4. Ignore creative

Designers, engineers, marketers and executives all agree—text is BORING. Reviewing text ads (in a spreadsheet, no less!) is beneath you and a waste of your talent. So act like the big dog you are and just rubber stamp whatever the agency sends over. It doesn’t really matter anyhow, because Dynamic Keyword Insertion can do all the work for you. And some generic copy is fine for the rest. It’s just a matter of finding the right formula and standardizing on it. If all else fails, just copy what the competition is doing. After all, it must be working for them, right?

Of course, users may wonder why some of your ads say things like “Buy Elephants Cheap” and “Used Thongs.” Some may also be underwhelmed by the sameness of the ads and have a hard time differentiating between them. But that’s their problem for being so persnickety about reading ads to glean meaning and the scent of information. If they don’t instantly recognize your brand name and want to click on your ad solely because of your wonderfulness, then they probably weren’t the type of customer you want anyhow. Pay no mind to those sub-1% click-through rates and low Quality Scores. Quality Scores are for people trying to make money. Not you. You’re playing a whole different game.

5. Automate campaign management

Finally we get to the sexy part of SEM. That crazy dynamic bid auction pricing beast is crying out for a theoretical solution to tame it, and you can bet every agency you want to work with has one. They may use different language to describe it, like (do the air fingers with me) “rule-based” or “portfolio-based” or “proprietary algorithm,” but it all means the same thing to you: push-button marketing.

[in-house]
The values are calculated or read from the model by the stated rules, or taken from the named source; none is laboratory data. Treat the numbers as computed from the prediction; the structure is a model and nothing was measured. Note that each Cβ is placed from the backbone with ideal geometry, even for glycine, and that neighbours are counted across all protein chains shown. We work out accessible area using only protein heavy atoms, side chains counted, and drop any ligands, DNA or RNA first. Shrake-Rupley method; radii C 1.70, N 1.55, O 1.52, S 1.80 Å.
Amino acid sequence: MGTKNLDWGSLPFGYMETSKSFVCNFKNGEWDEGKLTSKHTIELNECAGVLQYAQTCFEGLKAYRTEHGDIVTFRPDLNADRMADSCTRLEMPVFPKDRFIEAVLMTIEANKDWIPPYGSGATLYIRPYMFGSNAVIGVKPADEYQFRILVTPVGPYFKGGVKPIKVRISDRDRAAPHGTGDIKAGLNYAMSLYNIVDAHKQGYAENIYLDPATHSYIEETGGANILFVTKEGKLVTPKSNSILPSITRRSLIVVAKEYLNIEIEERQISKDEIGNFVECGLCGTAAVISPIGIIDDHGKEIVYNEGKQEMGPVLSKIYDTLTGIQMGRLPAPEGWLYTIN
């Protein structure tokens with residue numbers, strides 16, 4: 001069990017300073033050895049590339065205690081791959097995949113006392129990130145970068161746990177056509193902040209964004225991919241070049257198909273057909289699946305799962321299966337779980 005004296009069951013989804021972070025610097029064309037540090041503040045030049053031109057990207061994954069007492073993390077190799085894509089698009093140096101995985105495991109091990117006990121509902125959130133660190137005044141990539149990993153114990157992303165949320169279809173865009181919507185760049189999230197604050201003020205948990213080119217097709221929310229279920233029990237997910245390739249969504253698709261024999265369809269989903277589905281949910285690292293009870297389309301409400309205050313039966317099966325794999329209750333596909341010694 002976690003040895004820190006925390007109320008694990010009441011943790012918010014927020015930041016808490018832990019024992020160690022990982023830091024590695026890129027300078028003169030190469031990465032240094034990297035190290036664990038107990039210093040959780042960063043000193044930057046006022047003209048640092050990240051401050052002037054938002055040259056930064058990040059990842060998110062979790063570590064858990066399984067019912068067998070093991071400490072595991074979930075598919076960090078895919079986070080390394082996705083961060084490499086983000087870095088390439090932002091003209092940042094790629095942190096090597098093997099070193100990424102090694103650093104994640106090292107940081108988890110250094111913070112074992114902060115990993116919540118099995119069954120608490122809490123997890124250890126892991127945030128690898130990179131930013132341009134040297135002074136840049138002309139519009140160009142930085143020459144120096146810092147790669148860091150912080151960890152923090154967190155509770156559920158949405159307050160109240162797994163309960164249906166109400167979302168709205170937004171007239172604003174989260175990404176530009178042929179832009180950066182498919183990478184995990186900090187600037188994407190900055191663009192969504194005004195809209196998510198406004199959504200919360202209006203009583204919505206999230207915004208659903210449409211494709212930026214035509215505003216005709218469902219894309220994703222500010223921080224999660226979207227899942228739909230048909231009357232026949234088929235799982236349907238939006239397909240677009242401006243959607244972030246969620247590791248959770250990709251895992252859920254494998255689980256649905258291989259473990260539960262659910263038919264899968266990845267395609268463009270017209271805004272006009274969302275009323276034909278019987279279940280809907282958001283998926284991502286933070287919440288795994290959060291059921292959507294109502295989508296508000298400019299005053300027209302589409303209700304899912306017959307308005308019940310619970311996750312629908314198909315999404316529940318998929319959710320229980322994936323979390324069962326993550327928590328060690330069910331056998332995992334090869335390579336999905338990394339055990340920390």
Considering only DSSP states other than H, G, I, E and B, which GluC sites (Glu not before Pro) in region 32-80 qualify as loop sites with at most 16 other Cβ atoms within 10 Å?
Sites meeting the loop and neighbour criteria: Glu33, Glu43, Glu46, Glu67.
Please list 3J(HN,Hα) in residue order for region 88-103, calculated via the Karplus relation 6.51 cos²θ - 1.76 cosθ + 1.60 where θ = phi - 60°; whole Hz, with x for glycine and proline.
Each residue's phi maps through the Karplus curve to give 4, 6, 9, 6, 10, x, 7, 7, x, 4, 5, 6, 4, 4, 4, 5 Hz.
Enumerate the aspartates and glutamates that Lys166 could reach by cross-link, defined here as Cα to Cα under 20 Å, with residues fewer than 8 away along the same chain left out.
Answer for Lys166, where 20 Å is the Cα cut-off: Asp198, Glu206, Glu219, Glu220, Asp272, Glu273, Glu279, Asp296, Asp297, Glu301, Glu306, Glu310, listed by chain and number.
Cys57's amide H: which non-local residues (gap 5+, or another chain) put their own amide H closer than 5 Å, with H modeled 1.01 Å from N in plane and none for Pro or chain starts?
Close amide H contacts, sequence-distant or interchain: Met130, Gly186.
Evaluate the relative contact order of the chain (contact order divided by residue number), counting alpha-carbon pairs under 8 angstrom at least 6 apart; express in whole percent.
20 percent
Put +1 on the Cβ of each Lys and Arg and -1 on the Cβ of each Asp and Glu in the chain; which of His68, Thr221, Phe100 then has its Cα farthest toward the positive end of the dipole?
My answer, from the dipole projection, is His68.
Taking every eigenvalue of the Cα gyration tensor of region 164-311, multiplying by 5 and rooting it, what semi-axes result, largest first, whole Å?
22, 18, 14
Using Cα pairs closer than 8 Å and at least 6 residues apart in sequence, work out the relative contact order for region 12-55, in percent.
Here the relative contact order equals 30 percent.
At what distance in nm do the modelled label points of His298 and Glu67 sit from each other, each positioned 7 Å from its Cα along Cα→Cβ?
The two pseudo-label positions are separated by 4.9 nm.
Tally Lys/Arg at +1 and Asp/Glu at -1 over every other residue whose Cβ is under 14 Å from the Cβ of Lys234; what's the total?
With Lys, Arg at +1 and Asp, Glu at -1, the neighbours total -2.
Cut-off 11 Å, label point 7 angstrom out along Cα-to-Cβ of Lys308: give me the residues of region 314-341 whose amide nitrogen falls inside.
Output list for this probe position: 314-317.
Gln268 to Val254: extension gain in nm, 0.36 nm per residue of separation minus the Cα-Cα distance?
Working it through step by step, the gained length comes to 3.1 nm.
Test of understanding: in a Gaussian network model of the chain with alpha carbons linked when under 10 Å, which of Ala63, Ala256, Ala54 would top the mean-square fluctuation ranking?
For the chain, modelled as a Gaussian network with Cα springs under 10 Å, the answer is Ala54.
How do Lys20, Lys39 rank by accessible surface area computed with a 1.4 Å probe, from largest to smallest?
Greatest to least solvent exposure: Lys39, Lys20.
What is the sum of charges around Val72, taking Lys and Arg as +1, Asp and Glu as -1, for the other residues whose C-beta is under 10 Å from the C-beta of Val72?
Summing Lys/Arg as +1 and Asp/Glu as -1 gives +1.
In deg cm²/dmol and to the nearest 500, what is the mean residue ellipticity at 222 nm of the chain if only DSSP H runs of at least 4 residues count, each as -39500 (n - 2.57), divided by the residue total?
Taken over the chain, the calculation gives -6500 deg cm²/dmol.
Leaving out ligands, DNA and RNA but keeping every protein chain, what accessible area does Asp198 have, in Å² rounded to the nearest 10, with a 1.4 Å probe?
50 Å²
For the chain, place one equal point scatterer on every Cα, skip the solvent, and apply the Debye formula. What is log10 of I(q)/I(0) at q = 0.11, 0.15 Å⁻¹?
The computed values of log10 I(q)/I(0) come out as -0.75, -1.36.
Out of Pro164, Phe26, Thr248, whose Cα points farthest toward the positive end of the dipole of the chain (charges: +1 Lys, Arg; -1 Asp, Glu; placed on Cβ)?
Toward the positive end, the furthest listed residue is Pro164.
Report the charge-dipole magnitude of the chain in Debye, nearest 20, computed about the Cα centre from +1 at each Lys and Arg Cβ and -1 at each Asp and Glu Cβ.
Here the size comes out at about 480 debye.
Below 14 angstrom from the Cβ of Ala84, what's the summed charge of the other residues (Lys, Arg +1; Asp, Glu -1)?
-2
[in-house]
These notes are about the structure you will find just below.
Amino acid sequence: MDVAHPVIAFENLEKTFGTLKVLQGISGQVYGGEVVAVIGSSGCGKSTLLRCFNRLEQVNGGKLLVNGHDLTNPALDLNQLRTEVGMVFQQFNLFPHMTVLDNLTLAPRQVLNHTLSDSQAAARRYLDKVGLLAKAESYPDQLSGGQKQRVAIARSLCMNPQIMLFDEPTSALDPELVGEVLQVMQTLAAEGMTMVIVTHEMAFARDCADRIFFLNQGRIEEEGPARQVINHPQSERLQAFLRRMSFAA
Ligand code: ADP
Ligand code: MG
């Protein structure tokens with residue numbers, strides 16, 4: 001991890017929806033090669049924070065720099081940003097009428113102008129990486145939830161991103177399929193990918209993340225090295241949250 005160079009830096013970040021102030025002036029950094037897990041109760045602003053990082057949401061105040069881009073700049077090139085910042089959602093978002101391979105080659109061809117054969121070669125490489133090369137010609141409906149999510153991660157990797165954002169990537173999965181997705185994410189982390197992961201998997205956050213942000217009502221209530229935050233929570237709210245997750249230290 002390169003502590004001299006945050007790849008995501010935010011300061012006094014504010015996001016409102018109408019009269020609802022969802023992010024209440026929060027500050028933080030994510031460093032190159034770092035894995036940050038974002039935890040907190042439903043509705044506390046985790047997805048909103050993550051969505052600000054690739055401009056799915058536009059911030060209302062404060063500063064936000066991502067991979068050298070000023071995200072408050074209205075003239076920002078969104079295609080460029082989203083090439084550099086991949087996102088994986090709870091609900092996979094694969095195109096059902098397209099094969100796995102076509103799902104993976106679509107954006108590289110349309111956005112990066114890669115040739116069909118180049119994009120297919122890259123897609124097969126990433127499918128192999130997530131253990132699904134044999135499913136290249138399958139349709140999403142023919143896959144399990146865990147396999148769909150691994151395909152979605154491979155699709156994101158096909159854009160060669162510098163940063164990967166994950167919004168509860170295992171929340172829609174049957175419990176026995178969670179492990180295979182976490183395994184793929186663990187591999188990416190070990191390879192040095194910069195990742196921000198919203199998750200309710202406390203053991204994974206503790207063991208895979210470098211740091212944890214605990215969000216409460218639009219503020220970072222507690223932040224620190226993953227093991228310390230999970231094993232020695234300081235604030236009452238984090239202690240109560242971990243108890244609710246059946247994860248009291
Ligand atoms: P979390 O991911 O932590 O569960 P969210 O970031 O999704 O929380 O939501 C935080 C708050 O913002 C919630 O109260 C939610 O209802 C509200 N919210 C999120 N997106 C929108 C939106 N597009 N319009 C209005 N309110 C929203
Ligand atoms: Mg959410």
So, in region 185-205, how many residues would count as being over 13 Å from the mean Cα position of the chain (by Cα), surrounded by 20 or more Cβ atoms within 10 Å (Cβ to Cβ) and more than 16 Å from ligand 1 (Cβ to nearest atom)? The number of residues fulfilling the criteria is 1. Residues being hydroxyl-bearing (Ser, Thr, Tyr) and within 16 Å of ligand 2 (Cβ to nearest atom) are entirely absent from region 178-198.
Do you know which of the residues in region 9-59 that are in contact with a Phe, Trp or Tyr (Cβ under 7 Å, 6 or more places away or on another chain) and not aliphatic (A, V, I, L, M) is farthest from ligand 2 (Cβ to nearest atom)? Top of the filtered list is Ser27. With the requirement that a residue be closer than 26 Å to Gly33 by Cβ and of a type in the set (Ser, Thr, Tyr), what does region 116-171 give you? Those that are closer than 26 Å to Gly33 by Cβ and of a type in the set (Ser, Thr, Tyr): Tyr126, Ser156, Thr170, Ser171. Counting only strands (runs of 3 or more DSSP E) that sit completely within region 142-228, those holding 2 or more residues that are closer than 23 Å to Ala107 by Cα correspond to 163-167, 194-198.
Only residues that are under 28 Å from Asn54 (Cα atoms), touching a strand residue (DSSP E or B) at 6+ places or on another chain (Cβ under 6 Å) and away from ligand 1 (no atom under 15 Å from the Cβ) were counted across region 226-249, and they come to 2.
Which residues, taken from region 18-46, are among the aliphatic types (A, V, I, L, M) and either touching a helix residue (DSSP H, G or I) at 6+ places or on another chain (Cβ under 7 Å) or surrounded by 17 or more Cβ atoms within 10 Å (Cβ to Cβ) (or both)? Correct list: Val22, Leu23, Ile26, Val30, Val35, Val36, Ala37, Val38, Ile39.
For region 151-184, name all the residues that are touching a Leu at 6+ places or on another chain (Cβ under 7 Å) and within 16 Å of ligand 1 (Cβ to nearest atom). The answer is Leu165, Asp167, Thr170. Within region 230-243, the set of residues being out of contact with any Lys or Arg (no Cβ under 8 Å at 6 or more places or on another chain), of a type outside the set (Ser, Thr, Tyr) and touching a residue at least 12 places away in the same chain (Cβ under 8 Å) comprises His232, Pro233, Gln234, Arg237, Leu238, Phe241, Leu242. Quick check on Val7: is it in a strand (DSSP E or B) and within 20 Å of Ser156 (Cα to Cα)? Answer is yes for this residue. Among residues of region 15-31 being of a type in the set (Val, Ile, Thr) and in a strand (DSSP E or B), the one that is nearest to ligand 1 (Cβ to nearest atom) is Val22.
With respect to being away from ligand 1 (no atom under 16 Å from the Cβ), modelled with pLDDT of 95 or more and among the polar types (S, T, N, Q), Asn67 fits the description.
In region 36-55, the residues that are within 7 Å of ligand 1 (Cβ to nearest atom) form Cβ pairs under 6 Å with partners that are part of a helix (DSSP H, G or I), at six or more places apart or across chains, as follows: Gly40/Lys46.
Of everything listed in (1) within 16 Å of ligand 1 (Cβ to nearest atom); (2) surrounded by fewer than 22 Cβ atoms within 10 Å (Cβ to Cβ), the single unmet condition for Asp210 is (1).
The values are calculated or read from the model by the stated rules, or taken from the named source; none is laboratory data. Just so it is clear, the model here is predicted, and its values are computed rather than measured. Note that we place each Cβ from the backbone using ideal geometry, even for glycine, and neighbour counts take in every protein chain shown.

Erratic campaign performance got you down? The wrong ad being served at the wrong time leading to the wrong landing page? Just push the “optimize” button and all those inconveniences melt away under the calming effects of our buzzword tranquilizer. There now, that’s better. What was that you were saying about increasing your spend?

6. Do everything the search engines recommend

If you’ve ever logged into your Google or Yahoo account, you’ve probably seen a bunch of those friendly notifications telling you about how they’ve enabled Auto Matching or given themselves permission to spend your money in a manner that suits them better. You may have even heard about some Nervous Nellies in the search community (Yes, there is such a thing as a search community… well, yes, it is like a dork fraternity, but let’s stay on topic) trying to rock the boat about how it’s inappropriate for the engines to opt advertisers in to these programs instead of requiring their conscious consent. Hogwash. The search engines have only your best interests at heart. They’re just trying to make it easy on you to optimize your campaign by pushing a button. Now why does that sound familiar…?

7. Define success broadly

Like beauty and branding, SEM success is in the eye of the beholder. So identify your internal stakeholders and what their hot buttons are—and start pushing. Are they data-obsessed but don’t know much about SEM? Overwhelm them with charts showing traffic and CTR by campaign. Do they like branding and big numbers? Let’s look at impressions and equivalent CPM’s. Bonus tip: be sure to over-weight the content network next month. There are metrics and data for almost every stakeholder personality type. You just need to know a little something about your internal target audience and you’ll be fine.

If you follow any one of these tips, you can lose a lot of money very quickly. If you follow all of them, you’ll be a legend in no time. And when people ask where you got such sage advice (and they will), please be sure to give them my name: it’s Andrew Goodman.

Disclaimer: This is satire; please don’t flame Andrew in comments, but rather me, the true author, Lance Loveday. Those interested in making money with SEM are advised to check out the just-released second edition of Andrew’s book “Winning Results with Google AdWords.” It’s the real AdWords bible, as opposed to this heretical nonsense.

Opinions expressed in the article are those of the guest author and not necessarily Search Engine Land.

Related Topics: Channel: Content | Search & Usability

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About The Author: is the CEO of Closed Loop Marketing, a search marketing agency specializing in conversion optimization. He also co-authored the best-selling book, Web Design for ROI.

Connect with the author via: Email